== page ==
Mayor says State Government can’t pass the buck over waste
IPSWICH mayor Teresa Harding said the State Government can't pass the buck when it comes to cracking down on waste companies, with residents fed up with dealing with dust, noise and odour from dumps and other facilities.
The comments come in response to words from Environment Minister Leanne Enoch, who said the council has "an important role to play" when it comes to waste operations it authorises and Cr Harding needed to "take that responsibility seriously."
Cr Harding said the council takes its compliance responsibilities in regards to development seriously.
"However, the issues the community are experiencing, such as dust, noise, air quality and odour, are all within the jurisdiction of the State Government," she said.
"The State Government has responsibility for the issuing of and compliance with environmental licenses which are critical to the operation of these facilities.
"It is apparent that the release of dust, noise, air quality and odour is a result of some form of ongoing noncompliance with an environmental standard relevant to the environmental licenses."
Cr Harding said despite millions of dollars being invested in the State Government's Odour Abatement Taskforce, the Ipswich community still had ongoing concerns.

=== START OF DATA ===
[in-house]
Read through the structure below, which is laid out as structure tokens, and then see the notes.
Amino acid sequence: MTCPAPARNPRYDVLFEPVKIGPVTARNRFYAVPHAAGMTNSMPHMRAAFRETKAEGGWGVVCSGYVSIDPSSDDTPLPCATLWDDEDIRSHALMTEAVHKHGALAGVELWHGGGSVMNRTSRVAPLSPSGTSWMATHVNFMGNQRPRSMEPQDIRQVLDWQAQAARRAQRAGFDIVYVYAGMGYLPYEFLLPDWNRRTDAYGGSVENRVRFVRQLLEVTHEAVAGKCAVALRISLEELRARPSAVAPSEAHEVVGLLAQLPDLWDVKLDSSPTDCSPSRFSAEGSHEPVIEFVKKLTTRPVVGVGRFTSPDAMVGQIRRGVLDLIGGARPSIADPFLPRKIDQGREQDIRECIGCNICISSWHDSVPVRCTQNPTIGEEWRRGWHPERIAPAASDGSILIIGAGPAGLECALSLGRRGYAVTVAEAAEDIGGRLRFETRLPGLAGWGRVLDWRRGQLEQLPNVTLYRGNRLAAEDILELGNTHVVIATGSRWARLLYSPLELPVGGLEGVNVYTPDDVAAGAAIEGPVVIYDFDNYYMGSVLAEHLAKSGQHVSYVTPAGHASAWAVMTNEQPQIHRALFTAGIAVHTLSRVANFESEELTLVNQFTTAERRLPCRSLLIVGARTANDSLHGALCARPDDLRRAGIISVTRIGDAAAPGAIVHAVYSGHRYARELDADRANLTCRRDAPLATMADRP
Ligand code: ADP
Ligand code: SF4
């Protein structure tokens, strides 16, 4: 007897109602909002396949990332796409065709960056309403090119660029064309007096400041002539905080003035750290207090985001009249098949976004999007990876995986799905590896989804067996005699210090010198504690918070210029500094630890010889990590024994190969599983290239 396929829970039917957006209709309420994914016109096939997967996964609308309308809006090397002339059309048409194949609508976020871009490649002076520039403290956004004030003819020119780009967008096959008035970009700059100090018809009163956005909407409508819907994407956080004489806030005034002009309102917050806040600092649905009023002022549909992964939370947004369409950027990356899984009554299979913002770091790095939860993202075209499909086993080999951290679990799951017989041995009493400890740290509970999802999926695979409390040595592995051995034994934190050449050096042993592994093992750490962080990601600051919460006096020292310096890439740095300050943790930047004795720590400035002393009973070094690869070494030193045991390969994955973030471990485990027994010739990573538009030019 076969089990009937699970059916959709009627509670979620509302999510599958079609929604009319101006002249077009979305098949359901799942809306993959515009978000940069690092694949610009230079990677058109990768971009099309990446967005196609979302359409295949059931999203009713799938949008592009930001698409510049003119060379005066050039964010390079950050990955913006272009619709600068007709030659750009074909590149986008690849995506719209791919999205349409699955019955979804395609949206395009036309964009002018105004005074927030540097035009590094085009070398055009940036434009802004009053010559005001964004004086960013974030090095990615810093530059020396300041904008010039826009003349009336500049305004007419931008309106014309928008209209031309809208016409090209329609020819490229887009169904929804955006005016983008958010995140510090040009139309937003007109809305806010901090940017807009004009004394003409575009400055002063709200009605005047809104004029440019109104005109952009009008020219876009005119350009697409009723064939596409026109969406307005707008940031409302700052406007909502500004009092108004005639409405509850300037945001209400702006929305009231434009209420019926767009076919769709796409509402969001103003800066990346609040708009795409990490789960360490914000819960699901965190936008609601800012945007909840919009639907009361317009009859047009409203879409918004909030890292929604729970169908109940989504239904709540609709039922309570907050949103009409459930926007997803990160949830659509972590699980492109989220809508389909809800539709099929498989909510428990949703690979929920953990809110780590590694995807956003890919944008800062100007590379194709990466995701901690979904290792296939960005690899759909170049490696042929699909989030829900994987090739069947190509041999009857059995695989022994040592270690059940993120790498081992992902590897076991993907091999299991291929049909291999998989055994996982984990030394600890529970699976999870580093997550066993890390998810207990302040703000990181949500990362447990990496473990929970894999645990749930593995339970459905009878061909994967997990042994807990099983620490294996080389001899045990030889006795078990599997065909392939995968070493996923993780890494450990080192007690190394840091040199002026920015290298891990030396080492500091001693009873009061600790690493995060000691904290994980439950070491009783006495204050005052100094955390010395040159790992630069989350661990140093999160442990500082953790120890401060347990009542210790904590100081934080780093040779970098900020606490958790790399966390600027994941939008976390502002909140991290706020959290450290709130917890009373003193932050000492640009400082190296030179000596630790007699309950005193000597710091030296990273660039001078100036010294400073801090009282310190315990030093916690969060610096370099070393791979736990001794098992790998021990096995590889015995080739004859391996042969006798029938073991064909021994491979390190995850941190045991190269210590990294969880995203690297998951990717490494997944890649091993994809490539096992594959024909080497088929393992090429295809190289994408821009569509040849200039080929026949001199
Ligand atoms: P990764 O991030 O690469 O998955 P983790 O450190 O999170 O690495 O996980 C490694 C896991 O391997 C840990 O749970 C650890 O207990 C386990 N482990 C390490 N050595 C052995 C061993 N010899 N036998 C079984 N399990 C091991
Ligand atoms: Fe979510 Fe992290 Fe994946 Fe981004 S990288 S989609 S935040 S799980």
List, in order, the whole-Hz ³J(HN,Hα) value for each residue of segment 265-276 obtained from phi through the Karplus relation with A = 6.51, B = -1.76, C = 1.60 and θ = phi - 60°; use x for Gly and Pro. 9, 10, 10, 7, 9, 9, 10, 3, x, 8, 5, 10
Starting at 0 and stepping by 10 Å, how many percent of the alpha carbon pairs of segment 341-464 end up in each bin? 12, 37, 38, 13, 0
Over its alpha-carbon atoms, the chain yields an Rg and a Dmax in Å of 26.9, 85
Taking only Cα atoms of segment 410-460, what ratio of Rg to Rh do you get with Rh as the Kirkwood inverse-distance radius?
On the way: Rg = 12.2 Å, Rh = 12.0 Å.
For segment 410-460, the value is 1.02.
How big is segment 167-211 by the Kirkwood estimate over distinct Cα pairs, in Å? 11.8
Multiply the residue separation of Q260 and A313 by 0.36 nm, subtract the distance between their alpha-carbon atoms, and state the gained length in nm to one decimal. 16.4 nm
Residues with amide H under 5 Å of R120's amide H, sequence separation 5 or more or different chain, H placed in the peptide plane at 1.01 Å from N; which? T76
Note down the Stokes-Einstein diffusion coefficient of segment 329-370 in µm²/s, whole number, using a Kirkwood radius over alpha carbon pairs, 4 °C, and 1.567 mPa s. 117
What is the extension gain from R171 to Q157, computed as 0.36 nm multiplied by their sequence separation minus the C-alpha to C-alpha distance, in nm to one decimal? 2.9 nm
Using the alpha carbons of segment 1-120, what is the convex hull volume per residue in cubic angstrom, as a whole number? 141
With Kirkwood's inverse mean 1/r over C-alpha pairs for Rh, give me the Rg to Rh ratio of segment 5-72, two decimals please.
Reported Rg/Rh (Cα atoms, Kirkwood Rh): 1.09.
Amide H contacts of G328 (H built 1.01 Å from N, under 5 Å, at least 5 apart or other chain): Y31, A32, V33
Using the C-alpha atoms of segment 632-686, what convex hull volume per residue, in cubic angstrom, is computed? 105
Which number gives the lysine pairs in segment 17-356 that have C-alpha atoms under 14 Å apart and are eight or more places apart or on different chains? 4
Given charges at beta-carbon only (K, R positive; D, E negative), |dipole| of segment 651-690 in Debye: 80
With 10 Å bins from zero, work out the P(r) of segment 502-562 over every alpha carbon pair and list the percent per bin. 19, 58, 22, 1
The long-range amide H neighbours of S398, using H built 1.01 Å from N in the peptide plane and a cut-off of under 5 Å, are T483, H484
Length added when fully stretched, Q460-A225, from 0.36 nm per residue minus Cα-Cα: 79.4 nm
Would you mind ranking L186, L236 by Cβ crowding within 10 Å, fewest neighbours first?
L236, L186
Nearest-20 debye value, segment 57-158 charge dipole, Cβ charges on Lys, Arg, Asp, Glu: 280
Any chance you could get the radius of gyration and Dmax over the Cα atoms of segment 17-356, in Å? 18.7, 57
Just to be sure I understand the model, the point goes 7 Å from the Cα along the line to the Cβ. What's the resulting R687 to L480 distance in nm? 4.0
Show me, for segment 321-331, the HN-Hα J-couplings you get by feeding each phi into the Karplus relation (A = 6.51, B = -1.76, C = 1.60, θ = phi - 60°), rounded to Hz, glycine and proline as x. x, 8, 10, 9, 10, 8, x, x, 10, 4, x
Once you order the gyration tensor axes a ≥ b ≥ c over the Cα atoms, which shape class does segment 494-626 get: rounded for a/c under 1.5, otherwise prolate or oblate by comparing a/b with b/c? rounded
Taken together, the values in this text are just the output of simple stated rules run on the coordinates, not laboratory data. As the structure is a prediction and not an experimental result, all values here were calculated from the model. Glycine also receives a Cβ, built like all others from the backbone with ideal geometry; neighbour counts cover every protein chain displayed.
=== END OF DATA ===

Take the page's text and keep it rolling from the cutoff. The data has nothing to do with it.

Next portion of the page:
More than 6000 complaints have been directed to the taskforce since it launched in 2018.
"While we have regulatory oversight of some elements of the operations of landfill operations, it is areas that are regulated by the State Government that we receive the most complaints about," she said.
Cr Harding said the introduction of the waste levy by the State Government had led to a rise in illegal dumping in places like Ipswich.
"Anecdotal evidence suggests that councils on the metropolitan fringe, such as Ipswich, will bear a higher proportion of the cost of managing this illegal dumping," she said.
Cr Harding said the council had appointed two officers to investigate illegal dumping activities.
In response to comments from Bundamba MP Lance McCallum that the waste levy delivered $7.3 million to the council last year, Cr Harding said it was a rebate to offset the waste levy.
"The payment is to mitigate any direct impacts of the levy on households," she said.
"It is to ensure local governments don't pass on costs of the levy to households for the disposal of residential waste.
"This is a critical issue for the community - both State Government and the council need to be doing whatever we can to resolve this issue."
Cr Harding said she appreciated Mr McCallum's swift response to the fire to ensure environmental regulators were on site the next day.